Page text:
25 years of Global ReLeaf

by Jami Westerhold

While the world watched the space shuttle Discovery place the Hubble Space Telescope in orbit 25 years ago, American Forests was also launching a stellar program: Global ReLeaf.

Though we had dipped our toe in the water of forest reforestation before 1990, this was the first year we committed to supporting multiple large-scale, on-the-ground projects. Since its inaugural year, American Forests’ Global ReLeaf program has blossomed into what is now our keystone program, planting in all 50 states and 44 counties.

In 2009, Global ReLeaf was in Mississippi as part of the plan to restore canopy lost during Hurricane Katrina.

In 2009, Global ReLeaf was in Mississippi as part of the plan to restore canopy lost during Hurricane Katrina.

To commemorate Global ReLeaf’s 25th anniversary, we will post bi-weekly on Loose Leaf over the course of 2015 to highlight at least one project from each year of the program’s history. These posts will let us — and, more importantly, you — (re)discover how American Forests has worked with local partners to reforest areas, from near your backyard to the other side of the world. From our first project restoring jack pine forests for endangered Kirtland’s warblers to our restoration activities in areas damaged by Hurricane Katrina, American Forests has planted nearly 50 million trees.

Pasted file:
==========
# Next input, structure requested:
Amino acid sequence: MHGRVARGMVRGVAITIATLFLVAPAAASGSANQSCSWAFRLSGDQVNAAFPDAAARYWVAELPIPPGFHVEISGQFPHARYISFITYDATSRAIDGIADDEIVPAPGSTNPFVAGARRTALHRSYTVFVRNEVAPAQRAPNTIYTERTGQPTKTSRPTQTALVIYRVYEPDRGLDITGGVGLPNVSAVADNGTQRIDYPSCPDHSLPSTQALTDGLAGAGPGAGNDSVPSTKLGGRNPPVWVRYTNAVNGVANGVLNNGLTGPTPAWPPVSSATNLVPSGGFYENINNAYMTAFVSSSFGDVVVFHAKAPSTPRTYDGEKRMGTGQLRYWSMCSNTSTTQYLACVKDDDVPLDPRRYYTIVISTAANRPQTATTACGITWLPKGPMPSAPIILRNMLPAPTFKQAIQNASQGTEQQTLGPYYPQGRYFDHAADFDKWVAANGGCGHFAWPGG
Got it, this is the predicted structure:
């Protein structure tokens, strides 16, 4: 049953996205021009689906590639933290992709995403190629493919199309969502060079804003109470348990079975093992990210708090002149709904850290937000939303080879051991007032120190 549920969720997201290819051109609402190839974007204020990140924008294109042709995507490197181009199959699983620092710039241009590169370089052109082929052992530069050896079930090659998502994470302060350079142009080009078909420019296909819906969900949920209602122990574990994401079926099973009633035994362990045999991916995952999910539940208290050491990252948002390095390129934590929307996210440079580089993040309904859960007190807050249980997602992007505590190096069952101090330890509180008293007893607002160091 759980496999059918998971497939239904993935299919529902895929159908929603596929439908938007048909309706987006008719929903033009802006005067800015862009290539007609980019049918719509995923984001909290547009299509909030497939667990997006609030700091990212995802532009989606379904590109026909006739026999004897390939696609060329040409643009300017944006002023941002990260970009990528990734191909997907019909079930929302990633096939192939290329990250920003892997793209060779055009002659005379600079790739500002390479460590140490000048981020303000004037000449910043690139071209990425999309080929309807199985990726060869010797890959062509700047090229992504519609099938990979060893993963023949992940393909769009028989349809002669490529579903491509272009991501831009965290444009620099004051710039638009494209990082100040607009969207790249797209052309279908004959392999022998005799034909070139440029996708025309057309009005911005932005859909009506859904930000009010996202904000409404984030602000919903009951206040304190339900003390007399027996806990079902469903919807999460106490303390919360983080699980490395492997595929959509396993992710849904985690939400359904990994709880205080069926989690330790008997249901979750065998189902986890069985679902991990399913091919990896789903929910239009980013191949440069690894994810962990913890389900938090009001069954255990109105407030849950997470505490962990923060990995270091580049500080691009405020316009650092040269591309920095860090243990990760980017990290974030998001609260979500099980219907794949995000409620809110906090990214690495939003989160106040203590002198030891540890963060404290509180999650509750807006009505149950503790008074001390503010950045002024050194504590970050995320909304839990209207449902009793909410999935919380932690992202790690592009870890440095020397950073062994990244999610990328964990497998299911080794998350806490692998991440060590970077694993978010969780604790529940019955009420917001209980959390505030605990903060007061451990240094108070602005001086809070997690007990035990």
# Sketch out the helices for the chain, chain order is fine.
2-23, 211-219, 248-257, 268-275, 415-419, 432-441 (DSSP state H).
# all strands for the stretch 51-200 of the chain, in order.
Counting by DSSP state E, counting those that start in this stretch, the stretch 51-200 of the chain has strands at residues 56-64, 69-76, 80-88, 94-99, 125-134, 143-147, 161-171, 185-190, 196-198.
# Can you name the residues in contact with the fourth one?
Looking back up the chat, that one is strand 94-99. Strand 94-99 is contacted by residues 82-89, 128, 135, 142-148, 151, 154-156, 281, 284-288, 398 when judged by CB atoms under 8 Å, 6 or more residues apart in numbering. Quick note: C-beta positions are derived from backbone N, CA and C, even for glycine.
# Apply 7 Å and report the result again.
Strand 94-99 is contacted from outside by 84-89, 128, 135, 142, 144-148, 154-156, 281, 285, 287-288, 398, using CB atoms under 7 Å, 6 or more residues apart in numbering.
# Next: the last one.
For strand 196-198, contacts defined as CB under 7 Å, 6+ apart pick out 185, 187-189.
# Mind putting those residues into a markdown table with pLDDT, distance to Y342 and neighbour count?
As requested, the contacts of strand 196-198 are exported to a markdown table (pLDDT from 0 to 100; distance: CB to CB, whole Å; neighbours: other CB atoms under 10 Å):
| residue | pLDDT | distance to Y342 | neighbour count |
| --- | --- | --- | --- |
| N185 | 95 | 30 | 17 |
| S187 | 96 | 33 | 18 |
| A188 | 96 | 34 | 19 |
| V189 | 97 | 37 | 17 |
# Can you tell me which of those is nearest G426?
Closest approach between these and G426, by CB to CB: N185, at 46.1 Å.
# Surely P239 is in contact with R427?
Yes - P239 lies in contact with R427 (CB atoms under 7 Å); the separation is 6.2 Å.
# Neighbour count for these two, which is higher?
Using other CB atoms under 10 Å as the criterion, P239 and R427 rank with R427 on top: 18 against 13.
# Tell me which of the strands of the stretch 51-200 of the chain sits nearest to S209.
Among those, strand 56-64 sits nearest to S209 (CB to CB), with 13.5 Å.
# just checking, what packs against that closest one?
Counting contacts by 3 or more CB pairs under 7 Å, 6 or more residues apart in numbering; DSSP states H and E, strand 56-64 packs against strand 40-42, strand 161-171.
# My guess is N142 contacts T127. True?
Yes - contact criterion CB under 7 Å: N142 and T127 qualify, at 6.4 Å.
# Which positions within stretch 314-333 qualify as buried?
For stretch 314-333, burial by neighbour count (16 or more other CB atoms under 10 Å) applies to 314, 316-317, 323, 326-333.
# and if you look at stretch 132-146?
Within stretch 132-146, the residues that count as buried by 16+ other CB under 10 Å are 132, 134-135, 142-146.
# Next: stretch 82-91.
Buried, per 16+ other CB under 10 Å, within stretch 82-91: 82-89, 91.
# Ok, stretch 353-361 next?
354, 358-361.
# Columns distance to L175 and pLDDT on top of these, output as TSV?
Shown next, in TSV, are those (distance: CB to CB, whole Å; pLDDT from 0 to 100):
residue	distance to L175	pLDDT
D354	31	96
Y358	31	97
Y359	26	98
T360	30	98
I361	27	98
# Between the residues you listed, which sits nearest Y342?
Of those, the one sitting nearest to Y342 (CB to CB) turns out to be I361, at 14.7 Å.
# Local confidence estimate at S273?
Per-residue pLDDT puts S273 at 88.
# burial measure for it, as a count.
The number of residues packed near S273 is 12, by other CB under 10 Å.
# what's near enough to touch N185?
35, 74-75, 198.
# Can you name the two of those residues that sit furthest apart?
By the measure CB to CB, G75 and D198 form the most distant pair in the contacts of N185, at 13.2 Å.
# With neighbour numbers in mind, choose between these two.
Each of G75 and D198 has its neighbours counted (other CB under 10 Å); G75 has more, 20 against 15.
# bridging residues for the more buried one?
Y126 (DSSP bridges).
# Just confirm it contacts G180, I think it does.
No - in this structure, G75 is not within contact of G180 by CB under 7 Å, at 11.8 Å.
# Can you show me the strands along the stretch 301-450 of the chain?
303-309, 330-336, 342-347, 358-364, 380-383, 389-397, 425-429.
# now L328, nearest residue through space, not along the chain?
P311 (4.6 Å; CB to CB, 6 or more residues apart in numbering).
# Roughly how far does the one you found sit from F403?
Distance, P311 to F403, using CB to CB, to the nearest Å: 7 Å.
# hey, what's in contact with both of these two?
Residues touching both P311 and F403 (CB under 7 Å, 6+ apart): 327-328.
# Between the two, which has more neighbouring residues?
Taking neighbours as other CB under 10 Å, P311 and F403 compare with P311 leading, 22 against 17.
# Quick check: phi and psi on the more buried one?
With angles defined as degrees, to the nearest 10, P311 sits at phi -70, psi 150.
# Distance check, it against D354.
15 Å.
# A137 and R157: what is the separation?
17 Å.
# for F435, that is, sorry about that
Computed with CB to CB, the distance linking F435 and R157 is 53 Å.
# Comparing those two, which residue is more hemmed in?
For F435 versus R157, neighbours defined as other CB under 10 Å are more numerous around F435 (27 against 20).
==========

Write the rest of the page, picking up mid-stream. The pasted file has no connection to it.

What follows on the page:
Though the projects differ each year, there are common themes among American Forests’ comprehensive work to protect and restore the most damaged ecosystems. Whether damaged by fire, development, or other causes, none of these lands are expected to naturally regenerate at the pace needed, if ever. American Forests always ensures native species are used and all elements are considered. Though our lives are dependent on forests — more than half of drinking water in the U.S. originates in forests! — their importance is much broader, providing habitat for wildlife and reducing the rate of climate change.